Smokepurpp Reveals He "Nearly Died" While Making 'Deadstar' & 'Deadstar 2'

"If you listen to 'Deadstar,' it’s really all about me feeling like I’m dying."
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It's no secret that creating while high will catch up to you in the worst way. Case in point: Smokepurpp, who revealed in a new interview with Highsnobiety that he was in a cycle of nearly dying from his drug use while crafting his celebrated Deadstar and Deadstar 2 projects.

"I started making music on the drugs, so when I stopped doing drugs I didn’t really want to make music," he explained. "It just became some weird cycle. I had to really tell myself I don’t need the drugs to make the music, and then I just got back into working on it.

"I’m going to always talk about drugs in my music because drugs were a big, big, big part of my life, big part of my story, big part of my image. Big part of everything. It made me who I am today—overcoming all that shit. If you listen to Deadstar, it’s really all about me feeling like I’m dying. The reason it means so much to me is because I nearly died making it. Making Deadstar 2, I was in that same cycle. I was nearly dying. People were worried for me. Then, once Deadstar 2 was finished, that’s when I was like, okay, I’m done with this shit."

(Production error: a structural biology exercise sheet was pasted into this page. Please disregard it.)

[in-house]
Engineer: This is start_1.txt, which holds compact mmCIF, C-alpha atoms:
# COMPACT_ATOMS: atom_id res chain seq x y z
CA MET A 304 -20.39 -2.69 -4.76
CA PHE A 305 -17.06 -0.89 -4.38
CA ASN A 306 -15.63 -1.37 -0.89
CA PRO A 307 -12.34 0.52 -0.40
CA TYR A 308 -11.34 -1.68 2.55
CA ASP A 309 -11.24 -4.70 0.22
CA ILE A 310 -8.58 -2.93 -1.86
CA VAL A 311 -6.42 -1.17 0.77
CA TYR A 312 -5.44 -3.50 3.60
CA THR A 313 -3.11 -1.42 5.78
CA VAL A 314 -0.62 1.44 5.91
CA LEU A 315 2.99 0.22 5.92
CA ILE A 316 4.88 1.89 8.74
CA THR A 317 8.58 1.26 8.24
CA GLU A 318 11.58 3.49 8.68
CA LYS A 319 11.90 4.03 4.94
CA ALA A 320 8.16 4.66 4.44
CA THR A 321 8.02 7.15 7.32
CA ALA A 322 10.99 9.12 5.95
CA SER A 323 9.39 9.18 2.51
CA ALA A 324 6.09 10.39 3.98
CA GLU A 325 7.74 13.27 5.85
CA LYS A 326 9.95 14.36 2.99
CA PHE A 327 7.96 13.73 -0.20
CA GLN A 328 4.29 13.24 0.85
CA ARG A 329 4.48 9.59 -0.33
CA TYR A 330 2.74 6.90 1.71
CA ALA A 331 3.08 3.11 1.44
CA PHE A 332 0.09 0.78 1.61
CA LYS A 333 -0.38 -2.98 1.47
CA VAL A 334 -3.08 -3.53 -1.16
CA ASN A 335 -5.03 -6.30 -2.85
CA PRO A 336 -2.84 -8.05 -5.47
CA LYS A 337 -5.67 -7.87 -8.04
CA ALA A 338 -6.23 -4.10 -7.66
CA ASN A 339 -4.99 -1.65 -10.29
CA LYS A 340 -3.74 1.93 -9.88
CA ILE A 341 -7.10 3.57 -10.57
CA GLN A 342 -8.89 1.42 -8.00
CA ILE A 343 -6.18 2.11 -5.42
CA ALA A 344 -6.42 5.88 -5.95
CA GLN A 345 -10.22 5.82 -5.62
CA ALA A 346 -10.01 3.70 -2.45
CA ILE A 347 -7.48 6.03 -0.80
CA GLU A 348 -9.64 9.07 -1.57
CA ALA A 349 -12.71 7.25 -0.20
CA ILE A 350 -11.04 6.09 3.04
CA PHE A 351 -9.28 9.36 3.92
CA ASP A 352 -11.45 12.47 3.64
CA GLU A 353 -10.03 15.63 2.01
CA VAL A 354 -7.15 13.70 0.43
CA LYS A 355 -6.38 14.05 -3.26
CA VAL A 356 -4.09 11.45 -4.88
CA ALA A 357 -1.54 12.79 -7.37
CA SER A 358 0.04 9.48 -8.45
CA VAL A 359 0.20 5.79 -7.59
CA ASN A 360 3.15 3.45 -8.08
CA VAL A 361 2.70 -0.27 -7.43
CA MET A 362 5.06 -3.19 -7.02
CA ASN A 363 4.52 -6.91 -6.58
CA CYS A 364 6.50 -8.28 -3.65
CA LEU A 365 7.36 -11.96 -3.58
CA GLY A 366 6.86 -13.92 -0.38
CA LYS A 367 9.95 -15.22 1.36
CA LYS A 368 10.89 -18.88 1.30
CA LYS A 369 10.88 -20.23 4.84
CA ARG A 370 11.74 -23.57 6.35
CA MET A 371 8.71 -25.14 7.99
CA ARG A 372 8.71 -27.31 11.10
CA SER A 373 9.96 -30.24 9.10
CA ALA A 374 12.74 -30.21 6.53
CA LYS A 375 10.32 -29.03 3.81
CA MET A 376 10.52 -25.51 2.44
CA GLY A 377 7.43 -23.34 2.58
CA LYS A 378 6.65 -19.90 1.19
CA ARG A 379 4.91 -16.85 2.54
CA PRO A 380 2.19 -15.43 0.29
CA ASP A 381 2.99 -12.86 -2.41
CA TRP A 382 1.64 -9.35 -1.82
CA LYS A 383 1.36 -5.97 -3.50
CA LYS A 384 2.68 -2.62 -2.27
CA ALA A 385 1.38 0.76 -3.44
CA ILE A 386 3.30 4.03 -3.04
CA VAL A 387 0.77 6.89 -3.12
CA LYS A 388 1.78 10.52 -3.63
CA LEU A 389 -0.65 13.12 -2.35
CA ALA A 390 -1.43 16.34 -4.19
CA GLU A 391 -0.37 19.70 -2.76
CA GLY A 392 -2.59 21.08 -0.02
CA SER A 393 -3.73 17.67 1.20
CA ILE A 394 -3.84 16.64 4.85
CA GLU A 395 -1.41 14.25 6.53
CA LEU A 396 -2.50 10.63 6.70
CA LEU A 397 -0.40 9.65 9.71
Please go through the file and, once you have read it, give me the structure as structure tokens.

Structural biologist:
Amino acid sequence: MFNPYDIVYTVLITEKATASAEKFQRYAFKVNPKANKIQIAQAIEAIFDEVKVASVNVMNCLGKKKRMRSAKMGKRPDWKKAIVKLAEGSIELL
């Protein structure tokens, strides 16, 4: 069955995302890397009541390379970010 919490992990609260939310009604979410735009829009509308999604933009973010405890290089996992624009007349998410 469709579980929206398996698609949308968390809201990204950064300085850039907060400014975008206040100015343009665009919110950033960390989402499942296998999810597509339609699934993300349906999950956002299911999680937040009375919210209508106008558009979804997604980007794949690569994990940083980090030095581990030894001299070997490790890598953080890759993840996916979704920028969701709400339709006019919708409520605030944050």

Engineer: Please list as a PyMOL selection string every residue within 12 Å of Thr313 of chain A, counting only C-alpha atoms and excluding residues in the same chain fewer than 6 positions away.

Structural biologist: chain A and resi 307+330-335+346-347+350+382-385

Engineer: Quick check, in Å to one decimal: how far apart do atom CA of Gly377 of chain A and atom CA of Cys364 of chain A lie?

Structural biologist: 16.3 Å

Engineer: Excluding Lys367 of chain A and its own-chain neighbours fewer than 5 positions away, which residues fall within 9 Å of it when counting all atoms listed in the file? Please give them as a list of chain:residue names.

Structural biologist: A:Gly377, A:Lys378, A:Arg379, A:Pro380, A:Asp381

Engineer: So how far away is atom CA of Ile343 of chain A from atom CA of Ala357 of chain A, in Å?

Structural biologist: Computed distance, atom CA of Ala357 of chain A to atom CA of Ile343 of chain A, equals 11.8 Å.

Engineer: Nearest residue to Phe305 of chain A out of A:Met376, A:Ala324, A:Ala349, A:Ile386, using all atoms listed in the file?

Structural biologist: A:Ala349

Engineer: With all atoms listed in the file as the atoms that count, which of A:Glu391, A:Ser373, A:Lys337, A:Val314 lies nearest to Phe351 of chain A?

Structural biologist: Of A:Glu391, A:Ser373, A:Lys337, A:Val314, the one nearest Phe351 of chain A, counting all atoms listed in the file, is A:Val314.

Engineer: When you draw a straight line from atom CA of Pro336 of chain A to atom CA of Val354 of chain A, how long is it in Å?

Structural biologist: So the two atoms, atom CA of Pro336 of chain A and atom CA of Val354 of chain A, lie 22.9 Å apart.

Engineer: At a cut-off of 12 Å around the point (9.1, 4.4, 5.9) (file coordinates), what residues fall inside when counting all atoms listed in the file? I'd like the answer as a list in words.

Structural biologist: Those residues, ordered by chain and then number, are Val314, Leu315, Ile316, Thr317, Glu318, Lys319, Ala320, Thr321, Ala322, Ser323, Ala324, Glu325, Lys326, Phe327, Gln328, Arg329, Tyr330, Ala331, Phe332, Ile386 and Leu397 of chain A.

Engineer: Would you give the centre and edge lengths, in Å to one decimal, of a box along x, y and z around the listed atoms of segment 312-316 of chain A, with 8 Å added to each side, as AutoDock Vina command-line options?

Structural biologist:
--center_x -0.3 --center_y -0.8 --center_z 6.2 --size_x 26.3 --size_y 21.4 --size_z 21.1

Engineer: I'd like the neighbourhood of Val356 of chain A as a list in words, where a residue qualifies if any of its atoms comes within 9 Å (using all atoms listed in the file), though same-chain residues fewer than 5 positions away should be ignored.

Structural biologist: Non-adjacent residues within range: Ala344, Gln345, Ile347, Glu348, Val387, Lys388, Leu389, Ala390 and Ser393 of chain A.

Of course, reading Purpp's comments is a harrowing experience. To hear that a young man was close to death twice over for the sake of creating music is sobering, to say the least. Thankfully, after his experiences with drugs and multiple close calls with death, Smokepurpp appears to be done with drugs, and for good reason. 

The 21-year-old, born Omar Jeffery Pineiro in Chicago, Illinois, is not the only artist pursuing sobriety, either. A$AP Rocky recently revealed that he is creating while sober. Vince Staples has always been a sober act, too. There is always the fear that the music will suffer if artists go the sober route, but the truth is, the music will suffer more if artists hurt themselves during the creative process. 

If Smokepurpp overdoses, his music won't be better for it. Good for him, for realizing he had a problem and confronting it as best he could.

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